A temporary restraining order (TRO) is a court order that is sometimes seen in family situations whenever there are allegations of domestic violence. TROs are generally filed quickly — and the decision to grant one is usually done without giving the accused a hearing.
But that doesn’t mean you can’t fight back. The purpose of the TRO is to provide injunctive relief to the alleged victim, so it will usually prohibit you from talking to the victim in person, contacting the victim online, using a third-party to send messages to the victim or going to the victim’s home. You’ll generally be given a hearing date — which could be your only opportunity to make the judge understand the situation before the order becomes permanent.
So what should you consider doing next? Keep these ideas in mind:
- You need to clearly understand the order. Read the entire thing carefully and follow the rules to the letter. It won’t impress the judge well if you don’t show deference to the court’s orders.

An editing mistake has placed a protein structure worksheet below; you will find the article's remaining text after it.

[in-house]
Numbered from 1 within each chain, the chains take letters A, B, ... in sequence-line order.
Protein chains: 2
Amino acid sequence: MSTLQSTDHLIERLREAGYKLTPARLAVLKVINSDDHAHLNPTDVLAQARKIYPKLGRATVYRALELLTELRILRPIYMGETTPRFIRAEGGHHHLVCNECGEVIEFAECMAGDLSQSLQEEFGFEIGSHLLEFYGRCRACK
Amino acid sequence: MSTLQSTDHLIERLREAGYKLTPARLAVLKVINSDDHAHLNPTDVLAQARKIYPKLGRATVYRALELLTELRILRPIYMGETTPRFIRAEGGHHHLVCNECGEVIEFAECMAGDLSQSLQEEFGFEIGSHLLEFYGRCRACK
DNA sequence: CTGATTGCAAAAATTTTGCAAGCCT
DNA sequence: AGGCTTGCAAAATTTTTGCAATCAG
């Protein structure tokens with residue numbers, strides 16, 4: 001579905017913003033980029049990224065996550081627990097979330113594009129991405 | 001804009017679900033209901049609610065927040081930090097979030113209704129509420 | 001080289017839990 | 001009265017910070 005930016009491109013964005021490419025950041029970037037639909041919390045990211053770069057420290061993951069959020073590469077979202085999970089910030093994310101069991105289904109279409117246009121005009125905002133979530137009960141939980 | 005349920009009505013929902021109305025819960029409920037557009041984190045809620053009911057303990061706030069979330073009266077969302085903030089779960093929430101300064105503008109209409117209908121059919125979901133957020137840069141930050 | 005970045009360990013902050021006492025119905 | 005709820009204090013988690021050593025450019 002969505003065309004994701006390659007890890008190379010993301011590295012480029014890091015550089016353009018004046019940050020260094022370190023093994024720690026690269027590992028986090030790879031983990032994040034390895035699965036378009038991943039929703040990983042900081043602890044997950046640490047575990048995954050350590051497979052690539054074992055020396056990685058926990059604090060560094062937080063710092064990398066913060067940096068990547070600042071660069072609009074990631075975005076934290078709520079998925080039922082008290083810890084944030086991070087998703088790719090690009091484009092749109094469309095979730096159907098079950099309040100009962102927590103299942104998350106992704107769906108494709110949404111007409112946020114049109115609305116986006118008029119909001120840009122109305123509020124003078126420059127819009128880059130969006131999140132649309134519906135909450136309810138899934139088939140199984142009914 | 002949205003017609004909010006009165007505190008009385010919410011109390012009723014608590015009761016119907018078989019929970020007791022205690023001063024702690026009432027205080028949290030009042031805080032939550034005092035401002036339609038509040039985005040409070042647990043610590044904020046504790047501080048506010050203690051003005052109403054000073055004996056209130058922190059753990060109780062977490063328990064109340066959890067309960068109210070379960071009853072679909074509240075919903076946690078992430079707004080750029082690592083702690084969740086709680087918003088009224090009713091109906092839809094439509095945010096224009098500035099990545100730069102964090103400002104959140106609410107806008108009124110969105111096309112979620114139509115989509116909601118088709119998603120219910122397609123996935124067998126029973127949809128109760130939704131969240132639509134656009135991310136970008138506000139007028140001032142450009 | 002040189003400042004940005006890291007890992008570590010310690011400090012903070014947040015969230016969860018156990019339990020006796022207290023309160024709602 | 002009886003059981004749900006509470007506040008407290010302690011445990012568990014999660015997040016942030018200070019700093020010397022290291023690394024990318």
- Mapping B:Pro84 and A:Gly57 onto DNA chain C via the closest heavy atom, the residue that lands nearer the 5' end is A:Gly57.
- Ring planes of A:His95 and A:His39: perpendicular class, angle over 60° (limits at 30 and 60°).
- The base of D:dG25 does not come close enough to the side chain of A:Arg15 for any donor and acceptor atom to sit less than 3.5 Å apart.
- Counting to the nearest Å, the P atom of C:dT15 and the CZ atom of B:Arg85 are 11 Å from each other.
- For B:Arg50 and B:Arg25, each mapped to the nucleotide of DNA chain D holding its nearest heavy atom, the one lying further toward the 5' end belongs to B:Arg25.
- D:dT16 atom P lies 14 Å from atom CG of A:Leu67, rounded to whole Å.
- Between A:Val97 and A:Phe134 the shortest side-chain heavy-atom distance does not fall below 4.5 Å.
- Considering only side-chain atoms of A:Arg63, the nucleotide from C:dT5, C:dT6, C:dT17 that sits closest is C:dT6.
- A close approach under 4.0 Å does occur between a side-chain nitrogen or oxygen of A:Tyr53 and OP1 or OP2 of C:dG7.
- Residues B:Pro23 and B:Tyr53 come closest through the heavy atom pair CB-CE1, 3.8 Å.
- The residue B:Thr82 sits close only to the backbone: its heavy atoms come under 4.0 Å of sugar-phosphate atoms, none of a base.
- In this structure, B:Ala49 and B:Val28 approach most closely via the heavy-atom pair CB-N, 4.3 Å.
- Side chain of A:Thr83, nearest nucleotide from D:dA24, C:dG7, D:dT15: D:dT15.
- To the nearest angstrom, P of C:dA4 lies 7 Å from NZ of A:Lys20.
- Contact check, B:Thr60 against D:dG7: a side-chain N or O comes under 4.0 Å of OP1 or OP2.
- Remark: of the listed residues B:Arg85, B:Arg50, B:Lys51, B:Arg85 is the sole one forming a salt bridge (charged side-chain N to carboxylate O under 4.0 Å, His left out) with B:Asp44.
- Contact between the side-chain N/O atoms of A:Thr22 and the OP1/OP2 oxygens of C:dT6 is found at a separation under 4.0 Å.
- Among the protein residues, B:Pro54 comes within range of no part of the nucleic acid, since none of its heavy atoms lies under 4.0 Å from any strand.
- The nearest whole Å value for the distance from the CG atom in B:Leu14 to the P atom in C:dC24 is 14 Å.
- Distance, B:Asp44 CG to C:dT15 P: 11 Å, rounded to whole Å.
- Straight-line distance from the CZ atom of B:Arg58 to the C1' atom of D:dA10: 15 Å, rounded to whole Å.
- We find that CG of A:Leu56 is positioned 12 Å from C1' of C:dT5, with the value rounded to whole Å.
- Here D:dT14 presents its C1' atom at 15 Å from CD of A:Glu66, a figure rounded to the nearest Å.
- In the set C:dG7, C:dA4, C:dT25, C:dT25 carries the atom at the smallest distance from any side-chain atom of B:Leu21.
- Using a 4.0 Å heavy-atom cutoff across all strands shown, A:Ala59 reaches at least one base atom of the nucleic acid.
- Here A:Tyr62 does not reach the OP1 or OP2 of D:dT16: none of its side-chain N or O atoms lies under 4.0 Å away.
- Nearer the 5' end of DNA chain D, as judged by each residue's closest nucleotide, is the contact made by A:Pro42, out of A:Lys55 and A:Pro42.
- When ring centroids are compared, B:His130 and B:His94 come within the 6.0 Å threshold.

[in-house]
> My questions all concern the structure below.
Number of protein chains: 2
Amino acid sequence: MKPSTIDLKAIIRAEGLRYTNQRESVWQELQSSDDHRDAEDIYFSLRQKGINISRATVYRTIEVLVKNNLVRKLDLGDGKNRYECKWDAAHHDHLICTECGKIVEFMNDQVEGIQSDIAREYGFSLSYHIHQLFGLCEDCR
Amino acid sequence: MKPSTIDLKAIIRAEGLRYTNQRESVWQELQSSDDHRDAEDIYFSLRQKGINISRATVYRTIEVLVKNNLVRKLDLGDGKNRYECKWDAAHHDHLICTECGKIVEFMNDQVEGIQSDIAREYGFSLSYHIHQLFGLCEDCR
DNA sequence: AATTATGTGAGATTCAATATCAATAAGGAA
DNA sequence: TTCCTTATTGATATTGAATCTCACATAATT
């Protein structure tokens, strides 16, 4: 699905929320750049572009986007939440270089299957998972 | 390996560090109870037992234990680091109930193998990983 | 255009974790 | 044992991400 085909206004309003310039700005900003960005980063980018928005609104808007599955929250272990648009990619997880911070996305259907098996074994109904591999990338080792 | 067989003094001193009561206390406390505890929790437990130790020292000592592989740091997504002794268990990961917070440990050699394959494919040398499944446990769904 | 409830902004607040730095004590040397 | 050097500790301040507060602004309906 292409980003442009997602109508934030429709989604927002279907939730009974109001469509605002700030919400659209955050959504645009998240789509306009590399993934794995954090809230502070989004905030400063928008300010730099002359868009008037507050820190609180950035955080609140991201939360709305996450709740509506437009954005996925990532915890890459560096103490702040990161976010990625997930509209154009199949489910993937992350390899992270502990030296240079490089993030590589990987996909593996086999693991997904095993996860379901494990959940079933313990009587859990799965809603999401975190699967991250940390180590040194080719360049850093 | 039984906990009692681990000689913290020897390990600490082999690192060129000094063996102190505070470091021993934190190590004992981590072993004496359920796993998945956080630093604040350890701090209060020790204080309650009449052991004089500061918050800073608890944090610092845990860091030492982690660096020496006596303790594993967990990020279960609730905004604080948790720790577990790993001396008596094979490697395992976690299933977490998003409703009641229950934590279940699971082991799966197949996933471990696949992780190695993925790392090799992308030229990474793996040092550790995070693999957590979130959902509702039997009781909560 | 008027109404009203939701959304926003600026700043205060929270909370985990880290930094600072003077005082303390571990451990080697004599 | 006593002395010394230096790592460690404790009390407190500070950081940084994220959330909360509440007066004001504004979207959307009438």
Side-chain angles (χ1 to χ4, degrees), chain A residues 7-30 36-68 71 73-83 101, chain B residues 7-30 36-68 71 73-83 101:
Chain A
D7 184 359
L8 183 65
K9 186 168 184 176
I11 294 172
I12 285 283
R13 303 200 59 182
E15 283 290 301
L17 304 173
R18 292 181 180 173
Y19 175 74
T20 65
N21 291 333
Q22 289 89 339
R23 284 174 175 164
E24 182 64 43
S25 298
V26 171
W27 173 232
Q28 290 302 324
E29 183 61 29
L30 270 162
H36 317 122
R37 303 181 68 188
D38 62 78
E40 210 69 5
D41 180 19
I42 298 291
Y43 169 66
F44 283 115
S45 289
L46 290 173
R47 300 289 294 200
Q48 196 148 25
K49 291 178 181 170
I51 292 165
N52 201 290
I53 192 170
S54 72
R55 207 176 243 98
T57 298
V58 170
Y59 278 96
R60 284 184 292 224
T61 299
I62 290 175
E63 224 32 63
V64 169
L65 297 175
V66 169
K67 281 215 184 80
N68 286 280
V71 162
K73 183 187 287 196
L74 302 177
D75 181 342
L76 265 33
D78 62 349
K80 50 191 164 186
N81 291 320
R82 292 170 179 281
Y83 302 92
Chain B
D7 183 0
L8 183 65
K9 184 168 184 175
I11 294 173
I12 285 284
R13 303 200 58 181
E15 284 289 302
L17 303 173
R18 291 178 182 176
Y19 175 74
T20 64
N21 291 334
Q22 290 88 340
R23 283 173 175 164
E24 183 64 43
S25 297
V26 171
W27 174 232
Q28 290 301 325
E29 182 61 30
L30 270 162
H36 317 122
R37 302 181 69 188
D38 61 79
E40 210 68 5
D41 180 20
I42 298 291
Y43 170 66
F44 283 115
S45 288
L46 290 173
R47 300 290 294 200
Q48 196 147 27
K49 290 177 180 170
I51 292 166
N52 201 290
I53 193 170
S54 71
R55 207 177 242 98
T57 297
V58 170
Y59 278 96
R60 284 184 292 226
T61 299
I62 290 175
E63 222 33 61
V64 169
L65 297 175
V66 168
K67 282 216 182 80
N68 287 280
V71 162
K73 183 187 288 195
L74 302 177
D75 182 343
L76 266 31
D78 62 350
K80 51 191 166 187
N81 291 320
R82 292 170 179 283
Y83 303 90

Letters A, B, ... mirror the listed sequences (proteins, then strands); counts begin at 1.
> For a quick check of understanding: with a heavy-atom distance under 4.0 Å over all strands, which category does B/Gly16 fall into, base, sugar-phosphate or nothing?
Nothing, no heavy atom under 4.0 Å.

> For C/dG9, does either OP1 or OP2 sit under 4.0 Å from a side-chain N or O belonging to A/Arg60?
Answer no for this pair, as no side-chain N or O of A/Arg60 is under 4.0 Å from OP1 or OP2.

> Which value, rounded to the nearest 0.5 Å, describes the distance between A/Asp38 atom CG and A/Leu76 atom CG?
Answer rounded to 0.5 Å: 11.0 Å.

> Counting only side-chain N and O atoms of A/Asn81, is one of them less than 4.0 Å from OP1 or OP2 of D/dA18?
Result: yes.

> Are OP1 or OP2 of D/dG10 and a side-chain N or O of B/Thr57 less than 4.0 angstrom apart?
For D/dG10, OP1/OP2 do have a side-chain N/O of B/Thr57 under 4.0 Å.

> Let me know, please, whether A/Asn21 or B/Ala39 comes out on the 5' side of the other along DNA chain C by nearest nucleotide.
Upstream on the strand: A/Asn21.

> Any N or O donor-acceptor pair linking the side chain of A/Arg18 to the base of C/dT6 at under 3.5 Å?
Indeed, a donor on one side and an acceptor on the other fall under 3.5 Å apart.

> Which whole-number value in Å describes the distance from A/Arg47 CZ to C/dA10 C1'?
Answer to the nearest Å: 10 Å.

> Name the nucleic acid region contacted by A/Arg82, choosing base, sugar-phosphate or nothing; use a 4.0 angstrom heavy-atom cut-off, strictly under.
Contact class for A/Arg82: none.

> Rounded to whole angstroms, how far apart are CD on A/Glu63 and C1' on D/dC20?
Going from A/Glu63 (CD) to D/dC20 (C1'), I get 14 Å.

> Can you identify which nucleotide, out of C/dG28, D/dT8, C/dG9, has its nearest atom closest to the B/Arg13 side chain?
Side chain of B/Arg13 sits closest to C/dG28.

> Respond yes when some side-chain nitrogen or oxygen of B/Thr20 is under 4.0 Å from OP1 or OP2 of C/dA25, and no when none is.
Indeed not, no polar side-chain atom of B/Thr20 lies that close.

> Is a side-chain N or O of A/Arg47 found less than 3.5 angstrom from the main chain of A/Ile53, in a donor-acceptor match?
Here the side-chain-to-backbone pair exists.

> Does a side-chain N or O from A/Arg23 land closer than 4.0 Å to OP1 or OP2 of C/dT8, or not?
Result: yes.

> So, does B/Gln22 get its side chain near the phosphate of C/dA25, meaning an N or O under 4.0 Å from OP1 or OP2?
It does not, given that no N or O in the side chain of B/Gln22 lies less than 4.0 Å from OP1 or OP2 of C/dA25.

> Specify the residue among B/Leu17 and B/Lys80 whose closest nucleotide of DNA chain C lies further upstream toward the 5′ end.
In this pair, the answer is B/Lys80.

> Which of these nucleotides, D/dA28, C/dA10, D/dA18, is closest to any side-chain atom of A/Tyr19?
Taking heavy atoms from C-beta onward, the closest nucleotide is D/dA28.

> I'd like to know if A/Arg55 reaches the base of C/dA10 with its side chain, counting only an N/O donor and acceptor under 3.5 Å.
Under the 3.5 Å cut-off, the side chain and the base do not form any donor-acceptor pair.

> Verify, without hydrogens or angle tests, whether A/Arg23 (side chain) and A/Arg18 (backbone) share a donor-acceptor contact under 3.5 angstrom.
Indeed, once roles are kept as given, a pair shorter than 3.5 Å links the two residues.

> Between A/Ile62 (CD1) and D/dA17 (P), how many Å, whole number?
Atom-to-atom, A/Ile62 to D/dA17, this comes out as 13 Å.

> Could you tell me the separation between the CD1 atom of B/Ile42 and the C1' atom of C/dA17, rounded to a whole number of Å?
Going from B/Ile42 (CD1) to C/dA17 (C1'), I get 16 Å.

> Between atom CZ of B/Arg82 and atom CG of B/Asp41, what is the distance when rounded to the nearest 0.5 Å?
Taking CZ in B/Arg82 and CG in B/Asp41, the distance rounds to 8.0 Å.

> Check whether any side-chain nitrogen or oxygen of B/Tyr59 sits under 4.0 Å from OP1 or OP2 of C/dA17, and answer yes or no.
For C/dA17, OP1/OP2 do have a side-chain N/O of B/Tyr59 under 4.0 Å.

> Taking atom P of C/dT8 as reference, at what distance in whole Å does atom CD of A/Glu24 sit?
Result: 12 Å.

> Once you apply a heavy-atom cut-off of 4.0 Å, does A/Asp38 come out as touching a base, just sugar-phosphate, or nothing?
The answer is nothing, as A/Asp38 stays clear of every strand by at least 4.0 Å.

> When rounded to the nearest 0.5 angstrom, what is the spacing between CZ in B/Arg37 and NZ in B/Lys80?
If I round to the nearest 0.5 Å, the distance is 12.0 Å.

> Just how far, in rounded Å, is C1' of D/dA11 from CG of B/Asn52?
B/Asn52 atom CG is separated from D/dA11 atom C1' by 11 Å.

- Do not make any attempt to contact the alleged victim. Some people make the mistake of trying to plead their case directly to the alleged victim and ask them to see reason — but that’s a great way to end up facing criminal charges. Violating the TRO can land you in jail, so don’t make that mistake.
- Gather your evidence. You may be able to use witnesses, phone records, police reports and more to prove that you aren’t guilty of harassing or abusing the victim. Pull together anything you think may be important to show the judge.
- Respond to the allegations. Ignoring them — even if they are false — could result in a default judgment against you.
As difficult as your situation is now, there are ways out. It’s often wisest to have experienced representation by your side when you’re facing the potential of a restraining order.